White House visitor log goes black

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The White House visitor log is the most recent victim of the federal shutdown. Visitors to the White House website will now see an error message if they try to access the logs.

Since the beginning of the shutdown, the White House’s website has stated: “Due to Congress’ failure to pass legislation to fund the government, the information on this website may not be up to date. Some submissions may not be processed, and we may not be able to respond to your inquires.”

The Obama administration began publishing its visitor logs in 2009 after a legal battle with Citizens for Responsibility and Ethics in Washington. CREW asked it be mandatory for the logs to be disclosed.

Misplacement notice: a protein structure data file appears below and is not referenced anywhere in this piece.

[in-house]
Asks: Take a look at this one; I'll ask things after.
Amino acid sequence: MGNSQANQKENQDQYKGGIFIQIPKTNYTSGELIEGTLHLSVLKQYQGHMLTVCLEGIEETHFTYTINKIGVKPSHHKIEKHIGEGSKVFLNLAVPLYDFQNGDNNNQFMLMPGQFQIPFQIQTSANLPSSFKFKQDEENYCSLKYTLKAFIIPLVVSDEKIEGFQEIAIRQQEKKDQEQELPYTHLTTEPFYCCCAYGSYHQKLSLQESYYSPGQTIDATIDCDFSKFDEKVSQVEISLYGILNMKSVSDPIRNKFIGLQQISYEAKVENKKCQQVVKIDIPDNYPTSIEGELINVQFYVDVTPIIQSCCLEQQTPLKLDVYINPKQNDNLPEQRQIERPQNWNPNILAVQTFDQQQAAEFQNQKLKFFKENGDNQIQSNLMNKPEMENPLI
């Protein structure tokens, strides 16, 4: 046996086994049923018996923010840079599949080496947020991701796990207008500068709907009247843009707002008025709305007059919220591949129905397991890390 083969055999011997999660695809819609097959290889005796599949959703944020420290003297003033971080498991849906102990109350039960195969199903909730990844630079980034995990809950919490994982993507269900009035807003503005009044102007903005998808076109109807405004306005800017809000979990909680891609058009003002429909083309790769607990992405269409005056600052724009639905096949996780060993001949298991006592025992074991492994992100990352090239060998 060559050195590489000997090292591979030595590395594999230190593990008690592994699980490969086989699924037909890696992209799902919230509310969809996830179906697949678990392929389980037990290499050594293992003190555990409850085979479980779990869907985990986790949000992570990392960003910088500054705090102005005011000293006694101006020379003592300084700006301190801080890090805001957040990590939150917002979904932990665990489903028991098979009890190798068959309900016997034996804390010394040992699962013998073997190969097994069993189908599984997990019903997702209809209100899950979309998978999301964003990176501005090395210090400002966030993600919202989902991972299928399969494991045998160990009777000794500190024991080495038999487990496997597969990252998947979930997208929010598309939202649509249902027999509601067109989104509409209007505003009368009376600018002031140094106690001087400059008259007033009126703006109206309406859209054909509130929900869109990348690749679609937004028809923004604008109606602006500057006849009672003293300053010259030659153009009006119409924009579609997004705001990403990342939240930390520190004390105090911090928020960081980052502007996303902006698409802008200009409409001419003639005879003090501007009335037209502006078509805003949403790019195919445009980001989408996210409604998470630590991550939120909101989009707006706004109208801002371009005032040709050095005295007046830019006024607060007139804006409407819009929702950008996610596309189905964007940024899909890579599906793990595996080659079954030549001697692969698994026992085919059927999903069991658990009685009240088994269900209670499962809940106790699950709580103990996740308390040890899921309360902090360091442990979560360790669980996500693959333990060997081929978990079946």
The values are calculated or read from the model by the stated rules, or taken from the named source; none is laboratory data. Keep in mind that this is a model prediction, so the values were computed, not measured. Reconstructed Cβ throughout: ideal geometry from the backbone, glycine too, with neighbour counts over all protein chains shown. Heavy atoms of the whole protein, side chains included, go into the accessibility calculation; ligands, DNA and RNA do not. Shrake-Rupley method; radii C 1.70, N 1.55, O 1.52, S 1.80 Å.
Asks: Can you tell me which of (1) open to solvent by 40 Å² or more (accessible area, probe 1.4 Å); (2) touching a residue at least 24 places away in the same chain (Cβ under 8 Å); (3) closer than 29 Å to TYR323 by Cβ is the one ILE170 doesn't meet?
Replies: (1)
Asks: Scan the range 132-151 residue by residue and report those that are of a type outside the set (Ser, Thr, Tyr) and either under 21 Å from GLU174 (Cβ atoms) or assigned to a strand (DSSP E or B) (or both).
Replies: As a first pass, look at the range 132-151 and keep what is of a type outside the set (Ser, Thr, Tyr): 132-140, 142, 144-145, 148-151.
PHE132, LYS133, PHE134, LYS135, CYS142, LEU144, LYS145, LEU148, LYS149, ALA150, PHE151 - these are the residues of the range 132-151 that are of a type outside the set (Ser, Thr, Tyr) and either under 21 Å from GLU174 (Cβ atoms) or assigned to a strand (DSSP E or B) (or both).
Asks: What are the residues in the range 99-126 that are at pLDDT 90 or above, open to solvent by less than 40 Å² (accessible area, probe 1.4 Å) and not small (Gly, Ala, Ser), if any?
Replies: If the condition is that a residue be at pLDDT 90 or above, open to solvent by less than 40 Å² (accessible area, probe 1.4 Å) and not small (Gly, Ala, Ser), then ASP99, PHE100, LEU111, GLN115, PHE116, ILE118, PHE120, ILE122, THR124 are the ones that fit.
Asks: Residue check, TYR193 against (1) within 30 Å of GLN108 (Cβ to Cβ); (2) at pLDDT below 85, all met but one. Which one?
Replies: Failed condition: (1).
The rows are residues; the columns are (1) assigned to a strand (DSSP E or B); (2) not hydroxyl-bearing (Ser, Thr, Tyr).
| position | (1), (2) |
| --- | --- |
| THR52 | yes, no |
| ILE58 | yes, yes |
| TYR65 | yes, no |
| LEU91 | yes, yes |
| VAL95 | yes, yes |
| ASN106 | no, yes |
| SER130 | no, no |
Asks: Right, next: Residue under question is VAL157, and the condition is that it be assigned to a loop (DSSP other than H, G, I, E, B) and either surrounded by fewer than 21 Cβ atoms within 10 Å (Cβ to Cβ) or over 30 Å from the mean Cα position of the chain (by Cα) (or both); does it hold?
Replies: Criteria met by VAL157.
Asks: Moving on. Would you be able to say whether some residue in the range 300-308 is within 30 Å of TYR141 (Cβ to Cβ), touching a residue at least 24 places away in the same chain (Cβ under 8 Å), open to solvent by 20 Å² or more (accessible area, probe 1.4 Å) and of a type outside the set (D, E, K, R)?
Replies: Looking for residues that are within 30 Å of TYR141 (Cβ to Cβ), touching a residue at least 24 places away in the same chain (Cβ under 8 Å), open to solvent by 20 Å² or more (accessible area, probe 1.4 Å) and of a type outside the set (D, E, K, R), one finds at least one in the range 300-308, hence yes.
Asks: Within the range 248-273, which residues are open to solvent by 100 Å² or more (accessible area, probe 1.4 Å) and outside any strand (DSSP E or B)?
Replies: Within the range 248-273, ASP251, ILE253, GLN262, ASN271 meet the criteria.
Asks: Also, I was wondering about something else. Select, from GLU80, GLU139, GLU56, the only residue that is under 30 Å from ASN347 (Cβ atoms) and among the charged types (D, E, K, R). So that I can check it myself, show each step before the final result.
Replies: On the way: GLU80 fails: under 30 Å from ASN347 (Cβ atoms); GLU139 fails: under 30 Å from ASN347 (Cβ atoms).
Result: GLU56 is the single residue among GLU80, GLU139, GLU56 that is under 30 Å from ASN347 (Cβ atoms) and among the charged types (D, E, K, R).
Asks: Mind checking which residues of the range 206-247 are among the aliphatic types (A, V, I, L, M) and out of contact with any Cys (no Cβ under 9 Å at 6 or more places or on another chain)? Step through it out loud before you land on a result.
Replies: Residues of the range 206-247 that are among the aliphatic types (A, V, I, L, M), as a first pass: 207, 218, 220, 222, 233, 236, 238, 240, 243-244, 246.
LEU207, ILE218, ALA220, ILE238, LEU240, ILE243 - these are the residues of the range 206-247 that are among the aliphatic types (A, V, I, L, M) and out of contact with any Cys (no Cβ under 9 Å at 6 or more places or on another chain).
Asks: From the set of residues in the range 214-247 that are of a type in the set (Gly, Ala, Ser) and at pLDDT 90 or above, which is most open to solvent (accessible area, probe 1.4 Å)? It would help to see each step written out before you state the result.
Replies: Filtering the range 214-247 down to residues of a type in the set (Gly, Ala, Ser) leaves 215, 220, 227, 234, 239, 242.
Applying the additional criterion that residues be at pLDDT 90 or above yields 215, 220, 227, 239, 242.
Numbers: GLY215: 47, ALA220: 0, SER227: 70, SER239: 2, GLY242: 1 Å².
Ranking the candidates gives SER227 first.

Despite a three-judge panel ruling in 2009 by the U.S. Court of Appeals for the District of Columbia determining it was legal for the executive branch to not release its log, the White House acquiesced and published it.

“I certainly think the log ought to be posted, but I don’t see how it is an essential function right now,” said Melanie Sloan, executive director at CREW. “I’d rather see poor kids go to school than have the logs up.”

Fewer than 450 of the more than 1,700 White House employees are currently working during the shutdown. This includes people who manage the White House website and its databases.

The shutdown has now entered its third week. Though some areas of the government have been funded by piecemeal approaches, such as the management of nuclear weapons and the Federal Aviation Administration, nearly half a million workers are still furloughed.

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Commentary, CREW, data analytics, Department of Transportation, Departments, Federal Aviation Administration (FAA), Government IT News, Guest Columns, Lifestyle, Melanie Sloan, open data, shutdown, Tech, White House
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